On Monday, the House Republican caucus unveiled their long awaited health reform plan that would repeal and replace the Affordable Care Act. The bill, titled the American Health Care Act (AHCA), subsequently passed the two primary House committees of jurisdiction. The House Energy & Commerce Committee and the House Ways & Means Committee held marathon hearings on Wednesday and Thursday, with the former lasting more than 27 hours while they considered amendments offered by Democrats (none of which were accepted). The vote approving the bill out of committee fell along party lines, with House Republicans voting unanimously in favor of the bill and every Democratic member opposing it.
Next week, we expect the bill to have a similar markup hearing in the House Budget committee, paving the way for the legislation to be introduced for a floor vote by the full House before the end of the month. On Monday, the nonpartisan Congressional Budget Office (CBO) is expected to release its score assessing the impact of the AHCA on the healthcare system, and it is expected to show a loss of health coverage reaching as many as 15 million individuals.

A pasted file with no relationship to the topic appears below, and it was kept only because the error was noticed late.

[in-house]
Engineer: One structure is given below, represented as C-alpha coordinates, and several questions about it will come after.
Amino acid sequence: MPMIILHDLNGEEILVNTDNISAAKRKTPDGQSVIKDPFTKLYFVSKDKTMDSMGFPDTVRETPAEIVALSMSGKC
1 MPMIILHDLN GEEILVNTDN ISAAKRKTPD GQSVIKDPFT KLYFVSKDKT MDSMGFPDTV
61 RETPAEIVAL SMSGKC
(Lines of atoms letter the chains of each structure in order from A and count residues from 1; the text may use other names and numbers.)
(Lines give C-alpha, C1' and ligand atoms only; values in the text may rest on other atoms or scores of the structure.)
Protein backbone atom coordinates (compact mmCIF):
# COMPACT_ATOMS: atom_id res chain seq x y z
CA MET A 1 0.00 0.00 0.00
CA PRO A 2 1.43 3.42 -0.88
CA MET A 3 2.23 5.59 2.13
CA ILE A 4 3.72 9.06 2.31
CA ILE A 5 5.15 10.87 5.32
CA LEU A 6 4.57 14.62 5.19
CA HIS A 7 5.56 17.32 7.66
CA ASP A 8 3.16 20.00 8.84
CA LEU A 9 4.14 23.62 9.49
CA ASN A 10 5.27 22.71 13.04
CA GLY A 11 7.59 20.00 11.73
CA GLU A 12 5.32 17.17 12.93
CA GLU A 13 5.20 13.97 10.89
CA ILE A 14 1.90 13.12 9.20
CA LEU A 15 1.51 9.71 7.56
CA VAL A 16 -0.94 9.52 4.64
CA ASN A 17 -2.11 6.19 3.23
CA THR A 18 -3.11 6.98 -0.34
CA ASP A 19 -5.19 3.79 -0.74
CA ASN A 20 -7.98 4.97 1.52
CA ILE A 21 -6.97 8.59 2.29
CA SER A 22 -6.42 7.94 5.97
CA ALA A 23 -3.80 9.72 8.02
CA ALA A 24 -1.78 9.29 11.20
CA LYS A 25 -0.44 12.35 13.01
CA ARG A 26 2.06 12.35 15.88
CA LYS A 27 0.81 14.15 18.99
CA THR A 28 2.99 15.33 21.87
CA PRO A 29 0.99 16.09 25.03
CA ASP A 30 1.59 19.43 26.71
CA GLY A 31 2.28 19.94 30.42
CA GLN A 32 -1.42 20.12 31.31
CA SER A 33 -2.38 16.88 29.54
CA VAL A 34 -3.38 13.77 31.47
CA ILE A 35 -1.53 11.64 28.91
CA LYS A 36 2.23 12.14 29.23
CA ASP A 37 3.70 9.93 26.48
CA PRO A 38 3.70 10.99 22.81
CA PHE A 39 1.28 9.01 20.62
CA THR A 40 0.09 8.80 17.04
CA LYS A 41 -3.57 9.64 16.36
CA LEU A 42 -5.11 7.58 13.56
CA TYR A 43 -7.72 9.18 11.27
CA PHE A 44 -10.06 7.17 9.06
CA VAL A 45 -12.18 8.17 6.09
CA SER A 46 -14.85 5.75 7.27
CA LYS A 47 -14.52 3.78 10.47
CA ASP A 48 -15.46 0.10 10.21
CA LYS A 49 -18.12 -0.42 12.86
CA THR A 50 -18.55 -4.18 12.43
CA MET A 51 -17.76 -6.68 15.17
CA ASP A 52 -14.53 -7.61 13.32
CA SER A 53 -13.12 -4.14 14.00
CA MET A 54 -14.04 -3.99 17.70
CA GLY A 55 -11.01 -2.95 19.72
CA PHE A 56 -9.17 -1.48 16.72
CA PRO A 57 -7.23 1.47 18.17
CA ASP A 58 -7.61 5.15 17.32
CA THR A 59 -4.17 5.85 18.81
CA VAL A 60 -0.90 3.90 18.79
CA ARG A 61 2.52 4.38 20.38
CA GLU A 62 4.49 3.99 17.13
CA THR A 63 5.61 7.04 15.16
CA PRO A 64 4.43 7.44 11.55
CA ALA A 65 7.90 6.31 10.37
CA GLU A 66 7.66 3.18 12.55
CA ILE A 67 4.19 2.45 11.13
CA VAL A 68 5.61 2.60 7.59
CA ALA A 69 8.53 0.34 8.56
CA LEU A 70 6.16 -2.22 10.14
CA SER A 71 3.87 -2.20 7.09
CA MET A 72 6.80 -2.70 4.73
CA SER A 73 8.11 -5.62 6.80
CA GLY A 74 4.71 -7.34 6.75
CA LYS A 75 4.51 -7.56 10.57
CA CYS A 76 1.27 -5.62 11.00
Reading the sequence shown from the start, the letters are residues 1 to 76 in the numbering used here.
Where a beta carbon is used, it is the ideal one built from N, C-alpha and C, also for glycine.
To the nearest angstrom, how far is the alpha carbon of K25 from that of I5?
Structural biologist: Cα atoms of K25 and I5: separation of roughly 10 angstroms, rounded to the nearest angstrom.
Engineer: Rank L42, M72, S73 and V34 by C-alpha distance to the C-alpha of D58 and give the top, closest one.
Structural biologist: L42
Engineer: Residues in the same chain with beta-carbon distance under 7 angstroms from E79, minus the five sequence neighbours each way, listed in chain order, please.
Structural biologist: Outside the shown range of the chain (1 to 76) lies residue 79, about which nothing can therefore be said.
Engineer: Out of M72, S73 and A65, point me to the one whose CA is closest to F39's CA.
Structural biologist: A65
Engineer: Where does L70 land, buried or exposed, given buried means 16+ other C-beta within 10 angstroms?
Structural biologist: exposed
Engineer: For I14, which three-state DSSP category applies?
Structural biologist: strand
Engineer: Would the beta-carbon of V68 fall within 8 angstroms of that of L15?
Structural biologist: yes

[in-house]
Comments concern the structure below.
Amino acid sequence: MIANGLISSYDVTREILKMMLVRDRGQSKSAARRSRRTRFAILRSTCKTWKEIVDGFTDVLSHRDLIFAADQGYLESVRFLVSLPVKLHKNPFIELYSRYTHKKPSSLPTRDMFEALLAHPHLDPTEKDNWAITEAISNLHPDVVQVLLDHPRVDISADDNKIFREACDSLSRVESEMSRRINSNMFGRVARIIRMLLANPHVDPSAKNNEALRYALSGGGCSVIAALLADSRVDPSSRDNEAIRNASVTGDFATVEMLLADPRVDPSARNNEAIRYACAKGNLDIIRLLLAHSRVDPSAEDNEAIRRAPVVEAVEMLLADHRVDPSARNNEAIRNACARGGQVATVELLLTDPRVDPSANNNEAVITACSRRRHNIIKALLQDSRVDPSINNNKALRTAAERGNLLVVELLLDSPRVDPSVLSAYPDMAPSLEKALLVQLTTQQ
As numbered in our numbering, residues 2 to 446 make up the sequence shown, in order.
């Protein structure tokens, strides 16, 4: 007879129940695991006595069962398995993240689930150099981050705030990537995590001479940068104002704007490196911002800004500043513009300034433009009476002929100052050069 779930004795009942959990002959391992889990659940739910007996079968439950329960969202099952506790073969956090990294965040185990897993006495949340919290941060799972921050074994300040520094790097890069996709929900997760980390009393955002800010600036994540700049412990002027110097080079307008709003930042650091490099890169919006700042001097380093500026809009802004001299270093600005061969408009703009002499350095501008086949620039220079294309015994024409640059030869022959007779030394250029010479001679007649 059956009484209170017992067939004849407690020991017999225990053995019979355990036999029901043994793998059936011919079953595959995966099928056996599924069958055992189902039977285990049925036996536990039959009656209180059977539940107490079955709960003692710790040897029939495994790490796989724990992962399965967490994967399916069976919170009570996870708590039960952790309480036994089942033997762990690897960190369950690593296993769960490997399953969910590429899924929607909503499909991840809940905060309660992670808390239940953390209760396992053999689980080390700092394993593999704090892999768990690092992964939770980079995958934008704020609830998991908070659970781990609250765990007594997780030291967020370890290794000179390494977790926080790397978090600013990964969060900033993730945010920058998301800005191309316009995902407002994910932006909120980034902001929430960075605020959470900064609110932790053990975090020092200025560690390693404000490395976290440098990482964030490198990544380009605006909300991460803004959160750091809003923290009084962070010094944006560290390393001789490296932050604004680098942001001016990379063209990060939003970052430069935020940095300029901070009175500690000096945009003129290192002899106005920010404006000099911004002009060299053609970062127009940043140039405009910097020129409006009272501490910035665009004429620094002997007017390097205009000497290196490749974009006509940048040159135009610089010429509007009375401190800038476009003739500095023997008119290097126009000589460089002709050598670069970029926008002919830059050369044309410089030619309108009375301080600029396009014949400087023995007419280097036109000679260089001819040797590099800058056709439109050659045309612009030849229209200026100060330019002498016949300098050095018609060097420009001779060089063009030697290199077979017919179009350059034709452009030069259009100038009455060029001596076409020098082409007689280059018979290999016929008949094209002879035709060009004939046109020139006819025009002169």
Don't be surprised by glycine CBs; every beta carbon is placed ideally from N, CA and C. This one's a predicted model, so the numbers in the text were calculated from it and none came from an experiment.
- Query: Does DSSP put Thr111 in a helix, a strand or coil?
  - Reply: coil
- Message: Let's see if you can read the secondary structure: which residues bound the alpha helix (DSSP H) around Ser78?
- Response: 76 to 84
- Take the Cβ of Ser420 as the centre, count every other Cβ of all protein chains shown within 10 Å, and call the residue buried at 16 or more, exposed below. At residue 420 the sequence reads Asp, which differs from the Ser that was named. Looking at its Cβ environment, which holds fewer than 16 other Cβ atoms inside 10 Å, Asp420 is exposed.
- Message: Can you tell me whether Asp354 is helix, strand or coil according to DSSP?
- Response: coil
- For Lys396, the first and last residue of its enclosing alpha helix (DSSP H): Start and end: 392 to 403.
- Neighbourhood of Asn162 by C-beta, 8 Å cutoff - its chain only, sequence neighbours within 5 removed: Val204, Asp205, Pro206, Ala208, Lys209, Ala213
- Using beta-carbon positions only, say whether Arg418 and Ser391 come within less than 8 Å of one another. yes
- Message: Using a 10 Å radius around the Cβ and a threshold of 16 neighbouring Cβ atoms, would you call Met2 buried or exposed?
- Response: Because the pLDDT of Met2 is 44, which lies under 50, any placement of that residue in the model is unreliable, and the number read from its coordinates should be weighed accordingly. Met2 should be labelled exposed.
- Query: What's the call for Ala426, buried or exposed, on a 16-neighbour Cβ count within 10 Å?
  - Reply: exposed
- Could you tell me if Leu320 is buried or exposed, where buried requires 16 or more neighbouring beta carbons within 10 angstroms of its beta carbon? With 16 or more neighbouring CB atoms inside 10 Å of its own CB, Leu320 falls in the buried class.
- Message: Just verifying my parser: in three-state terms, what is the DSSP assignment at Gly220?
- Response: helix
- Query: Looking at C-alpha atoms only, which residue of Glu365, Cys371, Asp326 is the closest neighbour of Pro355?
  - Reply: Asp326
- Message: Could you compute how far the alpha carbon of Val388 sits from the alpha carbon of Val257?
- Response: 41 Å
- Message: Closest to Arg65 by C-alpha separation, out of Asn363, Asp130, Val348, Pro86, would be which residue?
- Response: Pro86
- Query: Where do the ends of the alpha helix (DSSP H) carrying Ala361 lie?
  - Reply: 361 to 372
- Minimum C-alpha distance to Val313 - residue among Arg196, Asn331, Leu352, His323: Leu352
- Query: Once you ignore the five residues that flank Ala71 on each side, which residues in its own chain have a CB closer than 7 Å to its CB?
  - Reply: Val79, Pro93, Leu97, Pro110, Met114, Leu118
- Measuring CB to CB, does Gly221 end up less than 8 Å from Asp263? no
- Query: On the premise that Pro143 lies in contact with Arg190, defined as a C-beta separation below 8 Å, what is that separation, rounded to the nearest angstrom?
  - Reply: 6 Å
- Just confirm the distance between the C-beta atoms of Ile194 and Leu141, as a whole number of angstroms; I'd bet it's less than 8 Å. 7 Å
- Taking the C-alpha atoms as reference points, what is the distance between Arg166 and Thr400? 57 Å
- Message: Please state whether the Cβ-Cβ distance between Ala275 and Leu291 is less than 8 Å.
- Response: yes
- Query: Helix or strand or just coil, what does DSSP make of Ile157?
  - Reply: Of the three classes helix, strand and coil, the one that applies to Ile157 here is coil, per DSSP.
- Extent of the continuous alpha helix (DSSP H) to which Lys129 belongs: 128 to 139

The Conservative House Freedom Caucus, which famously pushed Speaker Boehner out of office, has continued to push for a provision that would halt state Medicaid expansion by the end of this year. That provision would make it even more difficult for the AHCA to pass the Senate, where Republican Senators from Medicaid expansion states have said that provision would be a non-starter. With the bill expected to face a close vote in the Senate, the slim two-vote Republican majority means that only two Senators can defect.
Following the expected House vote before the end of the month, the Senate will likely try to bring it up for a vote in the first half of April, before Congress breaks for Easter recess.